Karl Smith hits some of the themes that I've expressed recently:
First, its actually not that easy from a technical point of view. A significant portion of the US debt is in very short term securities, like 90 days. If I remember correctly the bulk of foreign holdings is in securities with a maturity of less than a year. This is because they are using Treasuries as a liquidity vehicle and under those circumstances you want the shortest maturity possible.
So what happens with this massive inflation? It simply drives up the interest rate of Treasuries. You get to screw investors for 90 days and then much of the jig is up.
Second, large domestic holders of Treasuries are folks the US government has implicitly agreed to backstop: pension plans, major US banks, insurance companies, state and local governments. What is the point of screwing these folks out of their money if you are just going to turn around and give the money right back to them?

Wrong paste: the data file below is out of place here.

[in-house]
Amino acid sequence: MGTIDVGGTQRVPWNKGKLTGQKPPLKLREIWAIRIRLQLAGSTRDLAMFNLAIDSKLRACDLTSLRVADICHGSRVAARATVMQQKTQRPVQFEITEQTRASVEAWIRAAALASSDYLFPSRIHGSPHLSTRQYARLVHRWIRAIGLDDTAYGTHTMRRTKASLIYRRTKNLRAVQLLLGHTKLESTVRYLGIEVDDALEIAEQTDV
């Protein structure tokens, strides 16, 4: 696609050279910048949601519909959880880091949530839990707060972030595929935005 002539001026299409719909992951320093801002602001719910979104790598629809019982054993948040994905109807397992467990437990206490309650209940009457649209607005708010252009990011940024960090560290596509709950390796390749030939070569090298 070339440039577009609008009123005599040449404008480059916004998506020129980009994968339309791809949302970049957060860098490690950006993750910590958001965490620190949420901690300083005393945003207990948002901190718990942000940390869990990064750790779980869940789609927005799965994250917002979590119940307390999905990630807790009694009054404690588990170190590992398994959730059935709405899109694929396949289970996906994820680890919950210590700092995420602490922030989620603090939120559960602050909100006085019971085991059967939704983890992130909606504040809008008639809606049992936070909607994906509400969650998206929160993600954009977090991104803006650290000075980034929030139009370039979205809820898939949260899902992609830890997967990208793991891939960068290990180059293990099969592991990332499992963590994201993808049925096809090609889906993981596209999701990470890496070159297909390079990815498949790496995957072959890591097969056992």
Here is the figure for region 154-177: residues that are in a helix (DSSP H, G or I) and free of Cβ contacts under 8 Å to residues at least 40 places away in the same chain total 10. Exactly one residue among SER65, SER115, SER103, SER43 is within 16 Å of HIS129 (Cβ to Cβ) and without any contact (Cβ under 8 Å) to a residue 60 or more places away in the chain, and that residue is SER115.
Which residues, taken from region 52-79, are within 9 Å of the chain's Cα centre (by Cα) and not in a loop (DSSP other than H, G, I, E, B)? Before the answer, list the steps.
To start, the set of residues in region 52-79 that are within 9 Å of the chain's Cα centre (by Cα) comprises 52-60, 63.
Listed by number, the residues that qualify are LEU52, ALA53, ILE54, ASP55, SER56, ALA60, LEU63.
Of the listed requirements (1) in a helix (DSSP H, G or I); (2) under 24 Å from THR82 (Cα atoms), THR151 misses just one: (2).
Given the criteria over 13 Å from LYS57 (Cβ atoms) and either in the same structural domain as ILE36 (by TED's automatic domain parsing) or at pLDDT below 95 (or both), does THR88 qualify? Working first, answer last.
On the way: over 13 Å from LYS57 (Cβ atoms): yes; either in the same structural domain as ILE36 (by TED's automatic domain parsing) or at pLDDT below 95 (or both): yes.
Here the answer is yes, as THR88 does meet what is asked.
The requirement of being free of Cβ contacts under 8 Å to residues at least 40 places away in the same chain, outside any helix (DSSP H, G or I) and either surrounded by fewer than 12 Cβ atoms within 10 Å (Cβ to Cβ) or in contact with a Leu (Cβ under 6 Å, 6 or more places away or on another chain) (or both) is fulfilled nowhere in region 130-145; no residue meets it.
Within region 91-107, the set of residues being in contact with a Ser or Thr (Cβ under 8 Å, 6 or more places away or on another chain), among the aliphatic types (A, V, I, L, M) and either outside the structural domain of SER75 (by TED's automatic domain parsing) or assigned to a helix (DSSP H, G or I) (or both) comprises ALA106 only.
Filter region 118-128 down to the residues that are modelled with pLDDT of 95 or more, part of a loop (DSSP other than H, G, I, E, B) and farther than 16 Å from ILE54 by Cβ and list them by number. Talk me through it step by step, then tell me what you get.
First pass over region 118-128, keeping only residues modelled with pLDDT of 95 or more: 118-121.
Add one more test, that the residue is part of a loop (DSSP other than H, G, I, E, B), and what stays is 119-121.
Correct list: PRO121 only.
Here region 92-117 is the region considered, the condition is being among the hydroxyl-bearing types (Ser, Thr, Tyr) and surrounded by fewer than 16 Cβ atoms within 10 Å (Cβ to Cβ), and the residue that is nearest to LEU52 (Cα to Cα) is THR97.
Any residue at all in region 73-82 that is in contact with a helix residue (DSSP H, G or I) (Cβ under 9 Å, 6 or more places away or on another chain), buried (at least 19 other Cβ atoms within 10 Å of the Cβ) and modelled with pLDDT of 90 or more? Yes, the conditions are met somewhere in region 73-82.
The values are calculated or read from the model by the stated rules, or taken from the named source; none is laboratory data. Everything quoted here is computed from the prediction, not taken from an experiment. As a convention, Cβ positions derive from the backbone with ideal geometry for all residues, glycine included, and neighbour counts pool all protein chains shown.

Third, why is this better than a structured default? Its not as if people are going to be oblivious to the fact that they were screwed. Having done it raises the risk premium on US debt. Not the default risk premium but the inflation risk premium. What do you really accomplish with inflation versus structured default?
Fourth, what do you accomplish period? Structured default scares everyone because of the prospect that it will bring a crushing recession. An effective attempt to screw holders of US Treasury bonds should accomplish the same thing. Whose interest is that in? The Fed? Politicians? Bureaucrats?
I just don't see the internal constituency for saying, yeah lets inflate away the debt.
Never mind the constituency; I don't see the point. In fact, we'd get longer than Karl postulates, because money supply data is noisy; it would take a while for the markets to realized what had happened, and that it was US policy, not a blip. But we wouldn't have much more time--a few years, not a few decades.